KATY MAGAZINE NEWS
April 9, 2019
By Addie Davis
Katy siblings, Treed and Maye Huang, competed in the Drive, Chip and Putt National Finals on Sunday April 7 at the Augusta National Golf Club, home course of the legendary Masters Tournament.
Young golfers Treed and Maye Huang. Photo from Drive, Chip and Putt National Finals.
Treed, 14, won the chip category and claimed the 14-15 age group title for his second win in the finals. He finished with a final score of 26 out of 30.
Huangs Make Repeat Appearances
“I definitely felt great going out there, playing for my fourth time,” Treed says, “I try and keep the pressure down. On the putting, I knew I couldn’t run it by, I just focused on every shot and did pretty good there.”
In 2014, Treed’s first year at the finals, he won the Boys 7-9 division. He followed that with a tie for fourth in the Boys 12-13 group in 2017 and a runner-up finish last year in Boys 12-13.
Just like her big brother, 11-year-old Maye is a past national champion. She won her first national finals at age nine in 2017. Maye is now a two-time national finalist.
Brother and Sister Bond
"I'm extremely proud of (Maye) and I am really excited to see what she can do in the future," said Treed in an interview with NBC Golf Channel.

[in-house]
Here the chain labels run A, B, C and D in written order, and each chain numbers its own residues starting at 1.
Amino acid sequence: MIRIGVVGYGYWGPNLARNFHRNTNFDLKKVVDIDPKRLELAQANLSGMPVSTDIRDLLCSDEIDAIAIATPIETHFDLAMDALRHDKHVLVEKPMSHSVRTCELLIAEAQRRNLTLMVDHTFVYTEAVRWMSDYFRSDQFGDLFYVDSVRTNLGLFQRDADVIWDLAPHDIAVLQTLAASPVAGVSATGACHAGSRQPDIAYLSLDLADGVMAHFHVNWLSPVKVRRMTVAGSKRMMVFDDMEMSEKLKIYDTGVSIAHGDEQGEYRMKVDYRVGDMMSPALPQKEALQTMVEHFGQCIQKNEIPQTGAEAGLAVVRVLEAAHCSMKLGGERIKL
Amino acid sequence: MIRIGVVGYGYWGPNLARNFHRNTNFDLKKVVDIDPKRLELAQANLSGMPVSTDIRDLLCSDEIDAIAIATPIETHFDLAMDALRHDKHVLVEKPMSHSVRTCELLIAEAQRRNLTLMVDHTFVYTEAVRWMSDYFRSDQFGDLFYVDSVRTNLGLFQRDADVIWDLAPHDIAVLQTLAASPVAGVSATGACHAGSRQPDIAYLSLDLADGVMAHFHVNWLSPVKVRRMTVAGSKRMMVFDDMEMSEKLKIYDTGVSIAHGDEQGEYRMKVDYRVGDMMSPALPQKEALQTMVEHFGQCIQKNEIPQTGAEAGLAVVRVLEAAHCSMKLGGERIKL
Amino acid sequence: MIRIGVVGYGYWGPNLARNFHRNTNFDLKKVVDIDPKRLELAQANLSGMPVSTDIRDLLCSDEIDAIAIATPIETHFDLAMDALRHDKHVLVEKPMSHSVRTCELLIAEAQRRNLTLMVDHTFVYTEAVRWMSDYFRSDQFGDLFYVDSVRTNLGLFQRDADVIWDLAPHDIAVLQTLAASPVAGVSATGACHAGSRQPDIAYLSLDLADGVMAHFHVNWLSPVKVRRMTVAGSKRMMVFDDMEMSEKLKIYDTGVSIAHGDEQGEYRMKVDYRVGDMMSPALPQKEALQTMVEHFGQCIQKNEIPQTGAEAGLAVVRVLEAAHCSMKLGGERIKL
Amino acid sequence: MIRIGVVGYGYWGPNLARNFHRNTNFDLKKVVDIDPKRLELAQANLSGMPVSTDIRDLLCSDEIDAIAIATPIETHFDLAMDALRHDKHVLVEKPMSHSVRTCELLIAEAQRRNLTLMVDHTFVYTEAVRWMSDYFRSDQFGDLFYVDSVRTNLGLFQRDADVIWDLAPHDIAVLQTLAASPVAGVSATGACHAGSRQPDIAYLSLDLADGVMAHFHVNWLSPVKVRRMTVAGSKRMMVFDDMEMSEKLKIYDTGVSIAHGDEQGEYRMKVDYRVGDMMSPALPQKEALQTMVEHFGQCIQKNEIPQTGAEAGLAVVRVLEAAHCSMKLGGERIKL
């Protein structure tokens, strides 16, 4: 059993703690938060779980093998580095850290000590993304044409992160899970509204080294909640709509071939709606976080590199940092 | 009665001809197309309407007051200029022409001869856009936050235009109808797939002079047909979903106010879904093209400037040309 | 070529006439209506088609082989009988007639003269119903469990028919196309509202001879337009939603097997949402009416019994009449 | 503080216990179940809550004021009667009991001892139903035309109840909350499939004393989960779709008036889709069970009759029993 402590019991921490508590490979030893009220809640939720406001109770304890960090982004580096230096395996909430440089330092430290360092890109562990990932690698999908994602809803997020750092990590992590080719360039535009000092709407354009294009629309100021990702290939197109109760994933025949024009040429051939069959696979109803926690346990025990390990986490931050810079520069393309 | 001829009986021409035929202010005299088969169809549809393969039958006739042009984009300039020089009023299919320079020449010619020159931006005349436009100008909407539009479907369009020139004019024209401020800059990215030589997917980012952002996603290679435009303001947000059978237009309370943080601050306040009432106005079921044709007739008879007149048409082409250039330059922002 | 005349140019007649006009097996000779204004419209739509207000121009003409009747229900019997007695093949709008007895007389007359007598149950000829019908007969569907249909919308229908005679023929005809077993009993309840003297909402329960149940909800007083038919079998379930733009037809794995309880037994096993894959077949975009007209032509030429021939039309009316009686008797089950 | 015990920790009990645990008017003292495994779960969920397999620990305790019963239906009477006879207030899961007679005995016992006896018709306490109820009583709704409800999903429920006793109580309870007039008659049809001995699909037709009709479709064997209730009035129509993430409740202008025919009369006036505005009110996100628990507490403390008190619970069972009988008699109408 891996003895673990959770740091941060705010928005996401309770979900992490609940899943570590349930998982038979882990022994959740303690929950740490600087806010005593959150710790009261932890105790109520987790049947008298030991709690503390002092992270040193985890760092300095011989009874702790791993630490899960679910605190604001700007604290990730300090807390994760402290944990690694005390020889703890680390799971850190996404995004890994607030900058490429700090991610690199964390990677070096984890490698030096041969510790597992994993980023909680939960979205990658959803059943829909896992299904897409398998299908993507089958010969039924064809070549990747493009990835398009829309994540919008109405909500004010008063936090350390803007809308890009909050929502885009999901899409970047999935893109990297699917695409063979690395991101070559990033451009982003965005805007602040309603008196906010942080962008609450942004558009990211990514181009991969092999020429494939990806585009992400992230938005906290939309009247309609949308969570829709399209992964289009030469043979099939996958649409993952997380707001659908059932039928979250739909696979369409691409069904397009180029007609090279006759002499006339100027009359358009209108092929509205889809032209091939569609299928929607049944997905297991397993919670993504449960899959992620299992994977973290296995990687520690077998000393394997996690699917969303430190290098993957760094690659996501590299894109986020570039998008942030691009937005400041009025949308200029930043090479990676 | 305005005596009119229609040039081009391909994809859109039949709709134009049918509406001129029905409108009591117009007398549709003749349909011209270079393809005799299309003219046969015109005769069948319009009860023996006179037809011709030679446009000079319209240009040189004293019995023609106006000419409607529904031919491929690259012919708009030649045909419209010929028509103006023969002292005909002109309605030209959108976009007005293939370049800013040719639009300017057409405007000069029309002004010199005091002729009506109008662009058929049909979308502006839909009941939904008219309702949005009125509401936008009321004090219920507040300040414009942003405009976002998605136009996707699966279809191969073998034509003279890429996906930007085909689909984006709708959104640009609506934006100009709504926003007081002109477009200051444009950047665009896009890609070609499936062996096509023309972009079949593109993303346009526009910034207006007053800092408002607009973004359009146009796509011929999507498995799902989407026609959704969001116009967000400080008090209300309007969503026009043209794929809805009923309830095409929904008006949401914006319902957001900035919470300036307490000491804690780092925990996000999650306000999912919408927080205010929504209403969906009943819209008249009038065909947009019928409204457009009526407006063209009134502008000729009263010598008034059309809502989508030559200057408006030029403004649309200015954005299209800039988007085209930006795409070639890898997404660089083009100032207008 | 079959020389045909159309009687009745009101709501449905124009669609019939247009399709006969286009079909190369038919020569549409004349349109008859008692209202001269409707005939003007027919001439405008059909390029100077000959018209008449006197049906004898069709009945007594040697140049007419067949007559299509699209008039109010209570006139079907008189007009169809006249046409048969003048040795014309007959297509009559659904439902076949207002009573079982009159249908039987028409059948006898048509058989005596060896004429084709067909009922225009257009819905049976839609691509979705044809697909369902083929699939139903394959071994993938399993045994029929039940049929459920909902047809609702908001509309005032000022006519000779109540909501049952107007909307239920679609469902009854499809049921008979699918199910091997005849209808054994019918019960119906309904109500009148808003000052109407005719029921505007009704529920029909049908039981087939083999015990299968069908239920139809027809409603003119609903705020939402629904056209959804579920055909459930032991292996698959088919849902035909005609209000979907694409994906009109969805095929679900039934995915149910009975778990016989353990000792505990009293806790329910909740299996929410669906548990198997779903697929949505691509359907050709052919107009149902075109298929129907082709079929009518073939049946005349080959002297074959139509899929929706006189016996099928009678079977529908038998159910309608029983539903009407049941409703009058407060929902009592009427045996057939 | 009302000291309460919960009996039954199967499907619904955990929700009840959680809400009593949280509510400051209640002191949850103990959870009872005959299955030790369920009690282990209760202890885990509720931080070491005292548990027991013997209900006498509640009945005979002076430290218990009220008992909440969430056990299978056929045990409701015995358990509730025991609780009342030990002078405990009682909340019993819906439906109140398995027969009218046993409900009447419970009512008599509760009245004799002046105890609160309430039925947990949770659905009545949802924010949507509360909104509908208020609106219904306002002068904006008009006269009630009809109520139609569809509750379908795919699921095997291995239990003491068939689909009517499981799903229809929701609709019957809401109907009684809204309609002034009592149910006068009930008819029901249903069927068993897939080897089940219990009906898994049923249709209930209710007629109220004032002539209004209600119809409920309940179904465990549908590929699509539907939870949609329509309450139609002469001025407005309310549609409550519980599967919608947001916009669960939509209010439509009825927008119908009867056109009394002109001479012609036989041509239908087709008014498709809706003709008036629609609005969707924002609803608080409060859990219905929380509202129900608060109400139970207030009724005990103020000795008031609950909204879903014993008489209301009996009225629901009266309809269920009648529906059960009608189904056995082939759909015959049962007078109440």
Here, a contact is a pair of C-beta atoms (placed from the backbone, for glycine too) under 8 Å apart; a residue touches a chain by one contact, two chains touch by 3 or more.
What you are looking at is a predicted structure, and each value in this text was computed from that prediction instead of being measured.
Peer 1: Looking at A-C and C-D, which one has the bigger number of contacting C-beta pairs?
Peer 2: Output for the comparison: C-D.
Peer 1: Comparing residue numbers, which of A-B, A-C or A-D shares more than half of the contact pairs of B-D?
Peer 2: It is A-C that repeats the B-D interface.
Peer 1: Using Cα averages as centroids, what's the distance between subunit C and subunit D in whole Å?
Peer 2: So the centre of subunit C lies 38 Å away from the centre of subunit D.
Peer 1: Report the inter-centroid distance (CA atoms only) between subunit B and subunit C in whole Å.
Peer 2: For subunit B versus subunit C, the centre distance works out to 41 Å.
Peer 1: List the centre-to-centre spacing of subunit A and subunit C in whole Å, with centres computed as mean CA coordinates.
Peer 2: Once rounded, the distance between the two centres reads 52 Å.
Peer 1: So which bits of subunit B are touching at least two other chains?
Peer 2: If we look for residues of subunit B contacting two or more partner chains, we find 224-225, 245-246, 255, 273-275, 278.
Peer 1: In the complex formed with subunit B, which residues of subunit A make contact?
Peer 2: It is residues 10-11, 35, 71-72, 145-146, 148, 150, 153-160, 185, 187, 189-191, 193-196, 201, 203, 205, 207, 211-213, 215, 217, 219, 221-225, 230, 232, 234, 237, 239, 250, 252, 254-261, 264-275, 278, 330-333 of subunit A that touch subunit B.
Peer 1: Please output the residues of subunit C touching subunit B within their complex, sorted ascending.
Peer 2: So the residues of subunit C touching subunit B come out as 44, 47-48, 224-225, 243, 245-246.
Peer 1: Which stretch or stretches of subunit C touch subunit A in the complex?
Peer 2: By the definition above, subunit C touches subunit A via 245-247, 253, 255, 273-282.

Likewise, Maye says her brother is a role model to her and she hopes to play just as well as him one day.
The Huang siblings have each been playing golf since they were three years old. Now, they attend Beckendorff Junior High - Maye is in 6th grade and Treed is an eighth grader. To build up their golf skills, the two practice together daily at the Meadowbrook Farms Golf Club in Katy.
“I think we improve each other’s games by competing a lot together,” says Treed.
The Huangs were the only siblings to compete in this year’s National Finals.
Long Road to the Masters
To earn a spot in the finals, participants must advance through local, sub-regional and regional tournaments. Boys and girls ages, 7-15, come from all over the United States and Canada to compete on the same golf course that the pros do.
Participants compete in four age divisions for national championships, accumulating points in three skills: driving distance, and proximity for chipping and putting. The highest total composite score determines the winner.
The DCP National Finals is a joint initiative founded in 2013 by the Masters Tournament, United States Golf Association and The PGA of America.
Learn more about the DCP National Finals and the 2019 winners here.
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